On the 12th of May 1920 the R.I.C Barracks at Ballybrazil, outisde of New Ross, was burned by the Campile company of the South Wexford I.R.A. The Barracks had been vacated by the police previously on the 14th of November 1919 (Freemans Journal 8th July 1921) but Mrs. Flynn, the wife of Sergeant Flynn, whom was previously assigned to Ballybrazil, still resided in the barracks with their children. The Irish Times reported how on the night 40 masked men took part in the event (Irish Times, 14th May 1920). They were however courteous to Mrs. Flynn and her children and moved them to a neighboring house before setting fire to the barracks. They also removed every article of furniture from the building, to spare it from the fire. Included in this were ‘… 2 hatching hens and their eggs.’ which were ‘… in a small house near the main building and were transferred to a secure place’ (New Ross Standard 21st May 1920 p4). During a court case compensation claim for damages Mrs. Flynn recalled how 40 men were involved in the burning, arriving at 1 a.m. and had brought petrol with them (New Ross Standard25th June 1920).
There had been a barracks in Ballybrazil since 1880 with the building rented from a James Murphy for a yearly fee of £22 (Freemans Journal 8th July 1921). Following the burning James was awarded £420 compensation in the courts. In the same sitting Sergeant Flynn got £80 for damaged furniture and Mrs. Flynn £60 for damaged articles. James Murphy later sought an increase in the compensation he received to £2500, appealing the decision in court (New Ross Standard, 25th June 1920). However he would be unsuccessful in this attempt (Freemans Journal 8th July 1921).
The barracks at Ballybrazil was a two story building constructed of stone with neighboring outhouses and sheds. It would have had enough room to house several constables and possibly the sergeants family also. No attempt was made to rebuild the barracks after it was burned and its ruins can still be seen today.
At about 2:45 A.M on Saturday the 18th of December 1920 members of the south Wexford brigade IRA launched an attack on the R.I.C Barracks in Foulksmills, a small rural village located about 22km west of Wexford town.
Before describing the attack it is good to get an understanding of the building which was the target. Thomas Howlett of Campile, a member of the south Wexford Brigade IRA, in his witness statement to the Bureau of Military History gave the following description of the barracks.
‘Foulksmills R.I.C. barrack was a solidly constructed detached building, with a slated roof. It was about eight or ten feet from the side of the road. Dividing it from the road was a low wall, surmounted by a railing. In the center and projecting from the front of the building was an entrance porch. There were two windows in front, on the ground floor. These, of course, had steel shutters with loopholes. The barrack was of rather unusual design, as there were no front windows on the first floor; there was one window in each gable end, on the first floor. In the ground floor gable ends were loopholes but no windows. At the rear was a lean-to, extending ten to twelve feet from the main building. As part of the defensive arrangements, barbed wire had been placed on all sides of the barrack, from the eaves to the ground, and extending about eight feet from the base of the building. (p5-6)
By December 1920 many rural barracks in Wexford had been vacated by the police and were subsequently either damaged or burned by the IRA so they could not be reoccupied. Additionally, there had been an attack in April on Clonroche Barracks. This increase in hostilities towards the police led to any remaining barracks becoming fortified, as Foulksmills had become, with the addition of barbed wire and steel shutters.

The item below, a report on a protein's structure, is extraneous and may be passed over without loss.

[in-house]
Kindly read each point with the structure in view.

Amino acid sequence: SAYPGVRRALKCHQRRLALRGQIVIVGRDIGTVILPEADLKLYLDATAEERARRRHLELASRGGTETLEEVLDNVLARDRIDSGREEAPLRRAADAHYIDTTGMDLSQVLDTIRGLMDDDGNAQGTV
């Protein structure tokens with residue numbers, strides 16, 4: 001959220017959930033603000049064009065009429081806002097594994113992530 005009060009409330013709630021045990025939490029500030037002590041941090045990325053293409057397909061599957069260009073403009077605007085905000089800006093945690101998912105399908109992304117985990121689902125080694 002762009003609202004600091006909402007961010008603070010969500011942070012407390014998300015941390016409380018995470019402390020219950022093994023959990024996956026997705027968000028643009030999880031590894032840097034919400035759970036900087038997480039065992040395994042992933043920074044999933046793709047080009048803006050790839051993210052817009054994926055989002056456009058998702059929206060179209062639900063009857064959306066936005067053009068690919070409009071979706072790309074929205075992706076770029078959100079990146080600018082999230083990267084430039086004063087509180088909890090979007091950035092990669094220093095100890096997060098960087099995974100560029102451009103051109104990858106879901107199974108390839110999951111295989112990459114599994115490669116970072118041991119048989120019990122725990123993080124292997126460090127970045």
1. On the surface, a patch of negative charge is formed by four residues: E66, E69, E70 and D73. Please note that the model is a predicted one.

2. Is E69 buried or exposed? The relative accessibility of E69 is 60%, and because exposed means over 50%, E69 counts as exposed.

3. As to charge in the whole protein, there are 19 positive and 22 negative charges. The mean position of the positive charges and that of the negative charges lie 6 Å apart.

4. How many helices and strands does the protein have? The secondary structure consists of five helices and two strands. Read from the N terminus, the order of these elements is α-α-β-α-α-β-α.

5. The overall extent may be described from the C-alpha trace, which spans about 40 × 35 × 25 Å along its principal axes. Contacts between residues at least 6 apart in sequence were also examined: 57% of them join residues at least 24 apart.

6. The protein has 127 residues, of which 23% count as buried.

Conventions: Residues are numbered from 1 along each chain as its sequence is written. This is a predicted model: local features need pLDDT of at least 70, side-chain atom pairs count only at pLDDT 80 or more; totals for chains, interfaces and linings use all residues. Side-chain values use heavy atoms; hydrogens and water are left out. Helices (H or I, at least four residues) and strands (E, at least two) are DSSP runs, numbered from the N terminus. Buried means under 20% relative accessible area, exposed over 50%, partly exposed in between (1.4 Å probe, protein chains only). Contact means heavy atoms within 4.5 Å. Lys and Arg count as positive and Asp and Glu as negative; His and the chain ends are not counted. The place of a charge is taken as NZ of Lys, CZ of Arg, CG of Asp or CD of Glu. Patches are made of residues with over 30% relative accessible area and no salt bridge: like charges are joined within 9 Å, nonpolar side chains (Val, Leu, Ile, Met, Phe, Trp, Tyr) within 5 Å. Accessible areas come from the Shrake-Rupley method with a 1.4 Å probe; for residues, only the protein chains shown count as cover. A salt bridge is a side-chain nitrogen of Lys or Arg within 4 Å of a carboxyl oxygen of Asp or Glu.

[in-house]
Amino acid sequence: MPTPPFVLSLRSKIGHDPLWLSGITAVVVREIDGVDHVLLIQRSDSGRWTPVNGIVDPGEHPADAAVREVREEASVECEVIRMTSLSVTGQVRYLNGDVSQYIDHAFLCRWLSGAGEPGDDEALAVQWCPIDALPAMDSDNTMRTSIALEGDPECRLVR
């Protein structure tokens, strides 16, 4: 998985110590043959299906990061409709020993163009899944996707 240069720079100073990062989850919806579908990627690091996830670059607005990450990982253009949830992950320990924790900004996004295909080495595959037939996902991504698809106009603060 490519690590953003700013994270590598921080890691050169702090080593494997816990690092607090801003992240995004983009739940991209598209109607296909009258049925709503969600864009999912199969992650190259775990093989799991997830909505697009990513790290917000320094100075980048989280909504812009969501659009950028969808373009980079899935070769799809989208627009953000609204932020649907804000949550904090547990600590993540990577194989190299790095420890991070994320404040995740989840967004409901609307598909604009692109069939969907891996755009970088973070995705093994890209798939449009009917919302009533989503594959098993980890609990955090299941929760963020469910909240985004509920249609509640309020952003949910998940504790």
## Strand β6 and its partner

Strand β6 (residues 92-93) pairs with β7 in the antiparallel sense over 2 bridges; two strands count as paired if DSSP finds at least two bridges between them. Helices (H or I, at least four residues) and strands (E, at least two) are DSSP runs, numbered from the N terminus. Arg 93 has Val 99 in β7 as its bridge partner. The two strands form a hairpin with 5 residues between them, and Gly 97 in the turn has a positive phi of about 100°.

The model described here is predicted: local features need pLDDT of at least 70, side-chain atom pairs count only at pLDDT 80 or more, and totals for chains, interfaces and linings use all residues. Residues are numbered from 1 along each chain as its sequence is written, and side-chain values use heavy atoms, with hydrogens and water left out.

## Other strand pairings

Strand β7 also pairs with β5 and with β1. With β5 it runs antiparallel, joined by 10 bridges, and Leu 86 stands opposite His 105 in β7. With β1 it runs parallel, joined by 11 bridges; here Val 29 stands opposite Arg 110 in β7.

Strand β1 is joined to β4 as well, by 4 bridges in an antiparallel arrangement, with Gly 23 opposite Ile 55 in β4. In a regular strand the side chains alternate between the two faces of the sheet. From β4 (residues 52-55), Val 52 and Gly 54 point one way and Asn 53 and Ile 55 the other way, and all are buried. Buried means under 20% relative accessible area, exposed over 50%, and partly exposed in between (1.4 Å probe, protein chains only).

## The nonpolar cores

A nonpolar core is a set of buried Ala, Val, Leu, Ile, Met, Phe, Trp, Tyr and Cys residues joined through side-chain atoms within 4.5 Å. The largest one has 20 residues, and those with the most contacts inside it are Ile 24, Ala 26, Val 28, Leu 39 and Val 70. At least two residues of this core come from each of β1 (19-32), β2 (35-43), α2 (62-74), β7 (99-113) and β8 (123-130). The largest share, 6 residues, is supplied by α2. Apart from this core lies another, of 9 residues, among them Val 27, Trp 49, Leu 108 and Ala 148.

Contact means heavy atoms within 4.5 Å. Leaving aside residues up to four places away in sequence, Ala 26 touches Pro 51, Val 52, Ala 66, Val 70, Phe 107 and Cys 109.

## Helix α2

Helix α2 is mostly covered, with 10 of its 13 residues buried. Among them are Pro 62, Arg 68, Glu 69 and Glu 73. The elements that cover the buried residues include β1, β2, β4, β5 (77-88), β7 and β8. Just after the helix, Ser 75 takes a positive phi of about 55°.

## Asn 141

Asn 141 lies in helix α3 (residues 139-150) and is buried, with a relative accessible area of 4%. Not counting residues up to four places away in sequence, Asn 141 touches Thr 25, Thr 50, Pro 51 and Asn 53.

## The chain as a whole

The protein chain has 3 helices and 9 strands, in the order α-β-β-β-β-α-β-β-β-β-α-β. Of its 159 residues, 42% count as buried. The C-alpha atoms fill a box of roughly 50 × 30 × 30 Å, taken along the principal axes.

The New Ross Standard reported that on the night of the attack the barracks was occupied by 2 sergeants and 7 constables. It would normally have been occupied by 15 men but on the night of the attack some were on leave or elsewhere. The garrison may have included several black and tans.
The attack itself was carefully planned; to isolate the barracks and delay the arrival of any unwanted reinforcements approach roads into the village were blocked with trees and the telegraph wires cut. Motor cars had be taken for the operation also to transport items and act as getaway vehicles. The New Ross Standard reported around 100 men were involved while the official military report estimated about 70. The IRA were armed with shotguns and revolvers but had no rifles at the time. The objective of the attack was to blow a hole in the roof using a mine. Once this was done grenades and bottles of petrol could be thrown through it into the building, while at the same time constant gunfire would be placed on the barracks. To get the mine onto the roof a rope was to be thrown over the building, one end of which would then be tied onto the explosive device. The other free end would then be pulled, levering the mine onto the roof, where it would then be detonated.
One man was to be given the task of throwing the rope over the barracks. This had to be done on the first go as they could not afford multiply attempts as it could alert the garrison inside the barracks. To ensure success the first time round the man given the task trained throwing a rope over a building in preparation. However, when it came to the night he failed to turn up and could not be located, despite a visit even to his homeplace. Instead, in a change of plan, the barbed wire surrounding the barracks was cut and the mine placed against the rear of the building. Once it exploded the firing began; men armed with shotguns that had taken up position behind a wall across from the barracks opened fire on the building and the police responded with their own. They threw grenades and sent up verey lights to illuminate the night darkness as well, in some attempt to help locate the attackers. Additional bombs were thrown onto the roof together with bottles of petrol. Fortunately for the garrison inside many of these failed to go off. With the failure of the bombs and supplies of ammunition beginning to run short the attack was called off just before 4 A.M.